If this solution turns out to be too slow (especially for small `n`), it may be worth looking at coding something up in Cython.

If you negate an array, the lowest elements become the highest elements and vice-versa. Therefore, the indices of the `n` highest elements are:

``````(-avgDists).argsort()[:n]
``````

Another way to reason about this, as mentioned in the comments, is to observe that the big elements are coming last in the argsort. So, you can read from the tail of the argsort to find the `n` highest elements:

``````avgDists.argsort()[::-1][:n]
``````

Both methods are O(n log n) in time complexity, because the `argsort` call is the dominant term here. But the second approach has a nice advantage: it replaces an O(n) negation of the array with an O(1) slice. If you"re working with small arrays inside loops then you may get some performance gains from avoiding that negation, and if you"re working with huge arrays then you can save on memory usage because the negation creates a copy of the entire array.

Note that these methods do not always give equivalent results: if a stable sort implementation is requested to `argsort`, e.g. by passing the keyword argument `kind="mergesort"`, then the first strategy will preserve the sorting stability, but the second strategy will break stability (i.e. the positions of equal items will get reversed).

Example timings:

Using a small array of 100 floats and a length 30 tail, the view method was about 15% faster

``````>>> avgDists = np.random.rand(100)
>>> n = 30
>>> timeit (-avgDists).argsort()[:n]
1.93 ¬µs ¬± 6.68 ns per loop (mean ¬± std. dev. of 7 runs, 1000000 loops each)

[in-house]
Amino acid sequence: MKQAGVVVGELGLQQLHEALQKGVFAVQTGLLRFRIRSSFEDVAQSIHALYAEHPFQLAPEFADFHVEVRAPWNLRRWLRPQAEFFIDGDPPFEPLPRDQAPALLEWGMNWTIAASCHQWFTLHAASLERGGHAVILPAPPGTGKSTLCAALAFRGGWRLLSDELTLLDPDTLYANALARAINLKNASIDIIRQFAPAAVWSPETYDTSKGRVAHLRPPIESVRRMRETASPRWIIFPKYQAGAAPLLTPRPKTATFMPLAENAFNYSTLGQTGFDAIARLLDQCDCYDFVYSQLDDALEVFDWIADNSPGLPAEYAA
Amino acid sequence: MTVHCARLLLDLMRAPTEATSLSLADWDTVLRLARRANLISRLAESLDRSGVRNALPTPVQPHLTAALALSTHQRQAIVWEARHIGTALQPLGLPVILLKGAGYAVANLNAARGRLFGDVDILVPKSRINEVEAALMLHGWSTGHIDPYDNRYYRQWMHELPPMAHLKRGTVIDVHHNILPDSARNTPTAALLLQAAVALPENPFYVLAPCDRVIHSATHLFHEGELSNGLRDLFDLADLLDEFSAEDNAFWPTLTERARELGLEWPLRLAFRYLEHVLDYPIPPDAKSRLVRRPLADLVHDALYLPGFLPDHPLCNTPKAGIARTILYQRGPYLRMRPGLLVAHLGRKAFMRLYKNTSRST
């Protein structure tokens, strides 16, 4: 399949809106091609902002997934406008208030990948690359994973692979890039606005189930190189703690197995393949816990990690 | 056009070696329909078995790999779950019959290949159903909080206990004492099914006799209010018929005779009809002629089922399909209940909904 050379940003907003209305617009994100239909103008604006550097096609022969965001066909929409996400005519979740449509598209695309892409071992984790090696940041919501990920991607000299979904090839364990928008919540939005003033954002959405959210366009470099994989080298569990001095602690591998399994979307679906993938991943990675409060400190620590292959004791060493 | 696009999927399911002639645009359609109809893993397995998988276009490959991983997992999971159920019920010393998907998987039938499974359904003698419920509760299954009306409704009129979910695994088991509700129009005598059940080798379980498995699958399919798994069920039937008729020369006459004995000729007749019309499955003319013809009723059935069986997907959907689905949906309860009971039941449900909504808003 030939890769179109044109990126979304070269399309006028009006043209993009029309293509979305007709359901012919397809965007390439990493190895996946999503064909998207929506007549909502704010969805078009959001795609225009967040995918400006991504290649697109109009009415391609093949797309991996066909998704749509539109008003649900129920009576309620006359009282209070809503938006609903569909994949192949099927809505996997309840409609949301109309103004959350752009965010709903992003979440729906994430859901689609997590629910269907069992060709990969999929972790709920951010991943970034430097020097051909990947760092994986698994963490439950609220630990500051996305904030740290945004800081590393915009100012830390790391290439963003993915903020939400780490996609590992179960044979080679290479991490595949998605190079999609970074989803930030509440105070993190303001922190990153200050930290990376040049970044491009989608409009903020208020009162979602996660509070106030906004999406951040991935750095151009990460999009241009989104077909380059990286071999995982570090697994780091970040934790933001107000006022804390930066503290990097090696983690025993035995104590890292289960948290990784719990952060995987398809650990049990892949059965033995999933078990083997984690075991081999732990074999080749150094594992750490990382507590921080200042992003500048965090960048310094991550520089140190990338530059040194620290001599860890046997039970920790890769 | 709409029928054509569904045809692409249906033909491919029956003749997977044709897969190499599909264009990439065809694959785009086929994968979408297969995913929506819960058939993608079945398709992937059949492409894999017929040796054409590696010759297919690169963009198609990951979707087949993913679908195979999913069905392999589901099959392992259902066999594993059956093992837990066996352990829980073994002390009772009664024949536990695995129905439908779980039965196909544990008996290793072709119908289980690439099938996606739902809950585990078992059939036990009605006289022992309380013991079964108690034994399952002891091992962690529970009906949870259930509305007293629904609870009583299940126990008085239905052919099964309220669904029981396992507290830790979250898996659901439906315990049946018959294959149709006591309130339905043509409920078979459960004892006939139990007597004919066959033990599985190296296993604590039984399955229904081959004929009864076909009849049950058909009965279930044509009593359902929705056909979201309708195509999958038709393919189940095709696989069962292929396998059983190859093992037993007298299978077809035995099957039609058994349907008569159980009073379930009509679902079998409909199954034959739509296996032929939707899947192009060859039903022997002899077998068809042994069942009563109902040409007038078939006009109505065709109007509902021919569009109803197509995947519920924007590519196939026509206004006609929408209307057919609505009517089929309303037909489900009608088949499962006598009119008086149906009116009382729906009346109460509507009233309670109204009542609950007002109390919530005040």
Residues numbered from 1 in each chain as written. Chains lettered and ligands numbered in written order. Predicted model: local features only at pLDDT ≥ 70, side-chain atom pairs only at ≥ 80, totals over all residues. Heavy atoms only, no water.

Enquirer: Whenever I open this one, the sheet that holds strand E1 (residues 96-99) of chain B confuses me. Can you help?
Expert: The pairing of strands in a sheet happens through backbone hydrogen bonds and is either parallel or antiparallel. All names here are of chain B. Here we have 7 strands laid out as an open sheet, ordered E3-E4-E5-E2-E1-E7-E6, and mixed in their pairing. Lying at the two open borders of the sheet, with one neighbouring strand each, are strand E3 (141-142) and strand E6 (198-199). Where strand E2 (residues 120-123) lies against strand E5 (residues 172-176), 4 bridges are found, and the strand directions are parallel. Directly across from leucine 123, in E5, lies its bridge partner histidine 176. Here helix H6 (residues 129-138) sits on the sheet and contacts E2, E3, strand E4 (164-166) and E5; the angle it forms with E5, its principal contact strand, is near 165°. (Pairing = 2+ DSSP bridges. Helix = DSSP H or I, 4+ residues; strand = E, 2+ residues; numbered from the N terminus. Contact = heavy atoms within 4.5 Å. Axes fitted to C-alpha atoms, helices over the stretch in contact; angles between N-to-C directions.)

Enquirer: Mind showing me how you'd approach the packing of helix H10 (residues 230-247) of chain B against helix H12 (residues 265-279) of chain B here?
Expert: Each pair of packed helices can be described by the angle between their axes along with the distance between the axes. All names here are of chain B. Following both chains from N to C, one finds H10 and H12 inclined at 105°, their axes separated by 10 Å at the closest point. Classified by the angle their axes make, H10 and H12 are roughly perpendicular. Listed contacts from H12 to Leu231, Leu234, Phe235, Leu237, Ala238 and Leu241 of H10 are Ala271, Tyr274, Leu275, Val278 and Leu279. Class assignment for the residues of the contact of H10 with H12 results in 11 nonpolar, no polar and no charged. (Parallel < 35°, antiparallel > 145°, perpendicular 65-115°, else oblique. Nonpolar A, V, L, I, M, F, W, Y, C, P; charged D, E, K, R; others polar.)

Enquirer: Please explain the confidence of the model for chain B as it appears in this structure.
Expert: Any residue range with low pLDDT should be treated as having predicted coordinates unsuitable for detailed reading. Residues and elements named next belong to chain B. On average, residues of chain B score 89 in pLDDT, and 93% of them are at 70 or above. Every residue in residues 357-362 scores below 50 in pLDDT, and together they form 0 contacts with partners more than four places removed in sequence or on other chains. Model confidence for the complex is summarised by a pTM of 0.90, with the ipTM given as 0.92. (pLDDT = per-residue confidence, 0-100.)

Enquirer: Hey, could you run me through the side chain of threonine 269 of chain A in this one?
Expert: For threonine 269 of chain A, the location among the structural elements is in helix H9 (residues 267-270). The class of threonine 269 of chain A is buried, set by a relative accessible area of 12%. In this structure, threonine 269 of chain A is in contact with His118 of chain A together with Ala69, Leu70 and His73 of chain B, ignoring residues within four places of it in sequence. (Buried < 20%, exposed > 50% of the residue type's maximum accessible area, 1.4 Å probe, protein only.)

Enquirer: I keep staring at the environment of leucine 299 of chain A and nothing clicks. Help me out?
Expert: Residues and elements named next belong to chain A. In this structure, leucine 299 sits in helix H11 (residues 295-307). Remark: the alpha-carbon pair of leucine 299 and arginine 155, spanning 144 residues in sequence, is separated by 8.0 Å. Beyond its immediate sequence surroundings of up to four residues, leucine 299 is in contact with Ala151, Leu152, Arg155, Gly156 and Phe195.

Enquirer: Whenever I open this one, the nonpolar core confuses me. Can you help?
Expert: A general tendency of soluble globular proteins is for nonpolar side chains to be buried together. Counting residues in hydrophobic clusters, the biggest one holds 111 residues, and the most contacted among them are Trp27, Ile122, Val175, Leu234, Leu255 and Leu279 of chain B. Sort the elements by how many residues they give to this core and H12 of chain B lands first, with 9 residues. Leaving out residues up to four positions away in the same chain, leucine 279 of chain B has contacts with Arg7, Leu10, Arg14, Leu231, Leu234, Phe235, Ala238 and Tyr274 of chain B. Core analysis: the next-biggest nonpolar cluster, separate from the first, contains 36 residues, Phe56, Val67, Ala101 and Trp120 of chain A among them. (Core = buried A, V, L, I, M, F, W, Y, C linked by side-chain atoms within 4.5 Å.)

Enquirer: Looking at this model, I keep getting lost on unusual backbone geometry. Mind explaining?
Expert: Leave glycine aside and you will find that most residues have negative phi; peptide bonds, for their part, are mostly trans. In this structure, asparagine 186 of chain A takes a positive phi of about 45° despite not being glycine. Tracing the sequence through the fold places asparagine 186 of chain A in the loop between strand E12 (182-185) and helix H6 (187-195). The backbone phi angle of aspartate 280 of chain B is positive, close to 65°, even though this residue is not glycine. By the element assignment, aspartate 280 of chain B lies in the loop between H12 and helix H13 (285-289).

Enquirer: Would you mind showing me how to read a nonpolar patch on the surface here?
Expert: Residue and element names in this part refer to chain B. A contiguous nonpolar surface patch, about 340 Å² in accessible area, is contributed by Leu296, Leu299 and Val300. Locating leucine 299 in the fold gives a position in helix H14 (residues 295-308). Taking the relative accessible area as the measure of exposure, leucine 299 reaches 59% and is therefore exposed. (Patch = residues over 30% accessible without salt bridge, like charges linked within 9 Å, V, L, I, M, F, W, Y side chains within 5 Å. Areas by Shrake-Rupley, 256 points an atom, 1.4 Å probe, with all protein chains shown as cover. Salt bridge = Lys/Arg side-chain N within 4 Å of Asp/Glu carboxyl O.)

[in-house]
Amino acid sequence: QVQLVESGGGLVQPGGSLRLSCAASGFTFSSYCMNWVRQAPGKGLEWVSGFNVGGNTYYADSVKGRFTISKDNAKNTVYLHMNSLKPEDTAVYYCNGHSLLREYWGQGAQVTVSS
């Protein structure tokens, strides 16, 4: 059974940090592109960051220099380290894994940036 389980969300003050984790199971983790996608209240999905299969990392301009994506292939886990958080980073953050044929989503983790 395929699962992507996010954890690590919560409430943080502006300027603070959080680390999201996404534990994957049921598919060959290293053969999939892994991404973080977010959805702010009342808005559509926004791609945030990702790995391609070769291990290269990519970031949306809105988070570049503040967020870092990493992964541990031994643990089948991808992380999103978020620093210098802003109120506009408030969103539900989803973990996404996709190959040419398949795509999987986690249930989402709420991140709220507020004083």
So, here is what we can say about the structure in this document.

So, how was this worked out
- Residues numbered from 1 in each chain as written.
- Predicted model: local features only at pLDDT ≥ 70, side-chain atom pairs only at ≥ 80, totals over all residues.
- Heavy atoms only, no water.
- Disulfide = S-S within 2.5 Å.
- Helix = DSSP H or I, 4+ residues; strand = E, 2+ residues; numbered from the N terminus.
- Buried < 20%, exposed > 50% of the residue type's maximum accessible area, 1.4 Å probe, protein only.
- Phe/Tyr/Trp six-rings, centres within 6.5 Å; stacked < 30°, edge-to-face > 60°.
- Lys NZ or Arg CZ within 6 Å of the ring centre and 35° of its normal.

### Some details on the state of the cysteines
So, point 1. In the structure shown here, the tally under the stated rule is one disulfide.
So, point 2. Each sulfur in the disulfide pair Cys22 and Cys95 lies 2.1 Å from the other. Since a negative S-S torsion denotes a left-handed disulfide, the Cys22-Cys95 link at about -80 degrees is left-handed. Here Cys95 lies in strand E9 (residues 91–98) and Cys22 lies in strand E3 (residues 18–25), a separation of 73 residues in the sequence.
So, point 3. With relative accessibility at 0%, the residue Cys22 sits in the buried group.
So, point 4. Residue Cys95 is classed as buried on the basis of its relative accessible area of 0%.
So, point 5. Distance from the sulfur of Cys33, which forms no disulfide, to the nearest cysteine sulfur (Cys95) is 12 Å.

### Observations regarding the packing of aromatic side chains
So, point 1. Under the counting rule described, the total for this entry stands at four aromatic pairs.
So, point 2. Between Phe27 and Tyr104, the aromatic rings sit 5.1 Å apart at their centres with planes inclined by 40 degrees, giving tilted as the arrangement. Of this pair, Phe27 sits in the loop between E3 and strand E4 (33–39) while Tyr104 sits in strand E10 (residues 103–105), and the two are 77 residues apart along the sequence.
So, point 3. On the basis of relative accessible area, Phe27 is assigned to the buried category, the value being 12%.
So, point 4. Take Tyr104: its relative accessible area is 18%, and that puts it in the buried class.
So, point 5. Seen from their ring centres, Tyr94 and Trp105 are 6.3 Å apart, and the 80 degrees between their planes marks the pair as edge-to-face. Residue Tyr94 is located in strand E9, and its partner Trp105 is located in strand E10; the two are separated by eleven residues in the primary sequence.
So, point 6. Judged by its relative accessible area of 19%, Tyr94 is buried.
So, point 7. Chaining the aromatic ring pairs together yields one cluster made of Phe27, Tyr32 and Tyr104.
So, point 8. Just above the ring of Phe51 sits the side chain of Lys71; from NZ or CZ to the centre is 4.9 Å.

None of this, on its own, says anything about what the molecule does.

>>> timeit avgDists.argsort()[::-1][:n]
1.64 ¬µs ¬± 3.39 ns per loop (mean ¬± std. dev. of 7 runs, 1000000 loops each)
>>> timeit avgDists.argsort()[-n:][::-1]
1.64 ¬µs ¬± 3.66 ns per loop (mean ¬± std. dev. of 7 runs, 1000000 loops each)
``````

For larger arrays, the argsort is dominant and there is no significant timing difference

``````>>> avgDists = np.random.rand(1000)
>>> n = 300
>>> timeit (-avgDists).argsort()[:n]
21.9 ¬µs ¬± 51.2 ns per loop (mean ¬± std. dev. of 7 runs, 10000 loops each)
>>> timeit avgDists.argsort()[::-1][:n]
21.7 ¬µs ¬± 33.3 ns per loop (mean ¬± std. dev. of 7 runs, 10000 loops each)
>>> timeit avgDists.argsort()[-n:][::-1]
21.9 ¬µs ¬± 37.1 ns per loop (mean ¬± std. dev. of 7 runs, 10000 loops each)
``````

Please note that the comment from nedim below is incorrect. Whether to truncate before or after reversing makes no difference in efficiency, since both of these operations are only striding a view of the array differently and not actually copying data.

If you are using numpy, you have the argsort() function available:

``````>>> import numpy
>>> numpy.argsort(myList)
array([0, 1, 2, 4, 3])
``````

http://docs.scipy.org/doc/numpy/reference/generated/numpy.argsort.html

This returns the arguments that would sort the array or list.

Nikie"s answer solved my problem, but his answer was in Mathematica. So I thought I should give its OpenCV adaptation here. But after implementing I could see that OpenCV code is much bigger than nikie"s mathematica code. And also, I couldn"t find interpolation method done by nikie in OpenCV ( although it can be done using scipy, i will tell it when time comes.)

1. Image PreProcessing ( closing operation )

``````import cv2
import numpy as np

img = cv2.GaussianBlur(img,(5,5),0)
gray = cv2.cvtColor(img,cv2.COLOR_BGR2GRAY)
kernel1 = cv2.getStructuringElement(cv2.MORPH_ELLIPSE,(11,11))

close = cv2.morphologyEx(gray,cv2.MORPH_CLOSE,kernel1)
div = np.float32(gray)/(close)
res = np.uint8(cv2.normalize(div,div,0,255,cv2.NORM_MINMAX))
res2 = cv2.cvtColor(res,cv2.COLOR_GRAY2BGR)
``````

Result : 2. Finding Sudoku Square and Creating Mask Image

``````thresh = cv2.adaptiveThreshold(res,255,0,1,19,2)
contour,hier = cv2.findContours(thresh,cv2.RETR_TREE,cv2.CHAIN_APPROX_SIMPLE)

max_area = 0
best_cnt = None
for cnt in contour:
area = cv2.contourArea(cnt)